Anti-Sharia rallies this weekend worry Muslim leaders

Drew Williams, Jim King
In this June 1, 2017, photo, Drew Williams, a member of the Eugene Islamic Center, poses for a portrait outside the building in Eugene, Ore., as locksmith Jim King upgrades the locks on the front doors. Williams said members of the mosque have been rattled by an incident in which a man showed up and allegedly threatened to kill worshippers, but that the community has shown concern and support. (AP Photo/Andrew Selsky)

EUGENE, Ore. (AP) — A mosque in Eugene, Oregon, is tightening security after a man showed up and threatened to kill worshippers.

The incident happened days before a deadly attack on a Portland commuter train by a man police say was shouting anti-Islamic slurs.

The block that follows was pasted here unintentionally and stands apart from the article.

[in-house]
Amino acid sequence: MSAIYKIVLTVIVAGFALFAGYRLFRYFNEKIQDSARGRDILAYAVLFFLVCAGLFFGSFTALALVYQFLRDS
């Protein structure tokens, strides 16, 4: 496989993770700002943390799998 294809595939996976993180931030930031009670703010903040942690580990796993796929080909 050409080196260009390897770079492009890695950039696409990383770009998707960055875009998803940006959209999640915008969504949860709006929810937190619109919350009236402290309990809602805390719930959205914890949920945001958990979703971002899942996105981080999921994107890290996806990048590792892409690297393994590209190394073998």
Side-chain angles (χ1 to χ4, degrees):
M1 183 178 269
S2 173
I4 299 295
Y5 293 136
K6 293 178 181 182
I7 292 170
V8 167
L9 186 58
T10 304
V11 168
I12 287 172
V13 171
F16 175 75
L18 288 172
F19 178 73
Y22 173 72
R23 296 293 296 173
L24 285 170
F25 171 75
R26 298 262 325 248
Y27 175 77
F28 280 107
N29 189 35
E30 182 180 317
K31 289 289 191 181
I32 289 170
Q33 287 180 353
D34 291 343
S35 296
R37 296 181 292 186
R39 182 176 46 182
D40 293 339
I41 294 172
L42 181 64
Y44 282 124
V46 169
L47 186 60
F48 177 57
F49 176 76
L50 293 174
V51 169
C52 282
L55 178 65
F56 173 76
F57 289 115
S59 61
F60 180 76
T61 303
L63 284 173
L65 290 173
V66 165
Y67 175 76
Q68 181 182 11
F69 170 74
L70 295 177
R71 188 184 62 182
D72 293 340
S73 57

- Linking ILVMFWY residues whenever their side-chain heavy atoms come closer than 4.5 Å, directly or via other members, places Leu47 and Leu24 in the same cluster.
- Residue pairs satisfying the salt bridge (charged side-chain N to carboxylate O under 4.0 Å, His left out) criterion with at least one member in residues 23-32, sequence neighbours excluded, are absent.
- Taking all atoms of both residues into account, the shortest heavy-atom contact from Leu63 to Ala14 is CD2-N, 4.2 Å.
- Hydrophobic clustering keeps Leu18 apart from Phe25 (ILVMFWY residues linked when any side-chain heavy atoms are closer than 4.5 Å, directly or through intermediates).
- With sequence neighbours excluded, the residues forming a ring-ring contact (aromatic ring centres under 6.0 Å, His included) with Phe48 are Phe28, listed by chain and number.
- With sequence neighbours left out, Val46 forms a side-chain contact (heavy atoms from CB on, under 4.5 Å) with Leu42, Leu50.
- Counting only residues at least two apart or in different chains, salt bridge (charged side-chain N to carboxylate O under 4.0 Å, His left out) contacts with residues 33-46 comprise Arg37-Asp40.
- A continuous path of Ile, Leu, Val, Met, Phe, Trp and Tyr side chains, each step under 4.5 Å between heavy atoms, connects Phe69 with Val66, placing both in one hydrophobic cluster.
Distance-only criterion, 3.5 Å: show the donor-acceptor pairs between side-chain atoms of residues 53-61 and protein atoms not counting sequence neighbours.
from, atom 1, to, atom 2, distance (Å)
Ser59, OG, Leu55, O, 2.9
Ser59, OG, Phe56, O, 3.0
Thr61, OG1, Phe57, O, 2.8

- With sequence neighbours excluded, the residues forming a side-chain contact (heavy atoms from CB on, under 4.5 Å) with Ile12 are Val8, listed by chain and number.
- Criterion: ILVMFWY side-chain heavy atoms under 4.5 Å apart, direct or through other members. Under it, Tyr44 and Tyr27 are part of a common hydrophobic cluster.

The events are part of a growing tide of incidents against Muslims in America.

Now, Muslim leaders are concerned about anti-Sharia law rallies planned for Seattle and two-dozen other U.S. cities this weekend, saying they are anti-Muslim.

The marches, apparently the first simultaneous anti-Sharia rallies in the U.S., come amid an uptick in anti-Muslim incidents, including arson attacks and vandalism at mosques, harassment of women wearing Muslim head-covering and bullying of Muslim school children.